"If you believe after reading the deletion policy that the article was unfairly deleted, you can ask the administrator who deleted the article for a fuller explanation. If after an explanation you still believe the deletion was unfair, you can bring up the article at Deletion Review (https://en.wikipedia.org/wiki/Wikipedia:Deletion_review) where the community can take another look to see if the article was deleted in error.

"With regard to your donation, this channel is entirely staffed and managed by volunteers, and we have no involvement in the donation program. You will need to contact the Wikimedia Foundation directly to request a refund; the donations dapartment can be contacted at donate@wikimedia.org .

"Yours sincerely,

"Wikipedia - https://en.wikipedia.org/
"Disclaimer: all mail to this address is answered by volunteers, and responses are not to be considered an official statement of the Wikimedia Foundation. For official correspondence, please contact the Wikimedia Foundation by certified mail at the address listed on https://www.wikimediafoundation.org/

E4E take:
In my opinion, he is worth every cent they pay him. I found his response snarky and insulting. The discussion page regarding Kendrick's deletion is full of ad hominem statements and attacks on the people who were defending Dr. Kendrick. They attacked his science, but then said that the science isn't the issue, it's the lack of notoriety of Kendrick. There is some discussion of the lack of "verifiable information from independent sources" as mentioned by the volunteer.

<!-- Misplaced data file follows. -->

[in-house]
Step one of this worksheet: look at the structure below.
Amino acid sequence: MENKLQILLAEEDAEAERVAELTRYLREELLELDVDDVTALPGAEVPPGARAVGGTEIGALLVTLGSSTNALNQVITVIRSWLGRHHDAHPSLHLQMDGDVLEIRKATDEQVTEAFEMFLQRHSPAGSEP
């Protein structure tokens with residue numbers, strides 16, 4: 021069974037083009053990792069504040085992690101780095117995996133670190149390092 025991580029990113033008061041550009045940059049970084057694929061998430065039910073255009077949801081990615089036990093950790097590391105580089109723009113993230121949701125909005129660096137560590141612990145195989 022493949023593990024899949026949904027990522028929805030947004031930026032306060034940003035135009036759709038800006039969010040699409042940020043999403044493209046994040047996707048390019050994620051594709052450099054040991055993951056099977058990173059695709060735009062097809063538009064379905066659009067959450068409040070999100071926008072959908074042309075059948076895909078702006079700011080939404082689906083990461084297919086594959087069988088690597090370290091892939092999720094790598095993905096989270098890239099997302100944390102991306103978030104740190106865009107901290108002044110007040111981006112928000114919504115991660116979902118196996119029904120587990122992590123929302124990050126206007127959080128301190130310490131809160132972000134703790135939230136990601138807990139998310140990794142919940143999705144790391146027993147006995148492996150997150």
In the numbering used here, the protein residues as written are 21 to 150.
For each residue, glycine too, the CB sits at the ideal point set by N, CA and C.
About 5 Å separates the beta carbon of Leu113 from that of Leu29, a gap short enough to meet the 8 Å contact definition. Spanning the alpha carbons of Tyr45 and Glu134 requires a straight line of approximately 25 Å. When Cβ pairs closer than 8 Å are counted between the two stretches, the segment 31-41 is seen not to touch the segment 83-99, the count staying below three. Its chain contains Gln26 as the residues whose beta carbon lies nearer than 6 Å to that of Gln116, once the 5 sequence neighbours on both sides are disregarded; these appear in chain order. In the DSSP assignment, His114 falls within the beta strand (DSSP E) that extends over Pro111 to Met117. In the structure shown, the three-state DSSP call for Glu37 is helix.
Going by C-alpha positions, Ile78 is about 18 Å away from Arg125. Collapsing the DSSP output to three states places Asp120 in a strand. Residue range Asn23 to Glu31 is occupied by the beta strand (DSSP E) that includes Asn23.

I simply do not have the time or energy to dig in and understand all of the wikipedia rules and regulations about biographical entries. Apparently, for inclusion, there must be significant external reporting on the person in question. This seems like an odd standard for someone carrying the standard of a non-mainstream view, but those are the rules.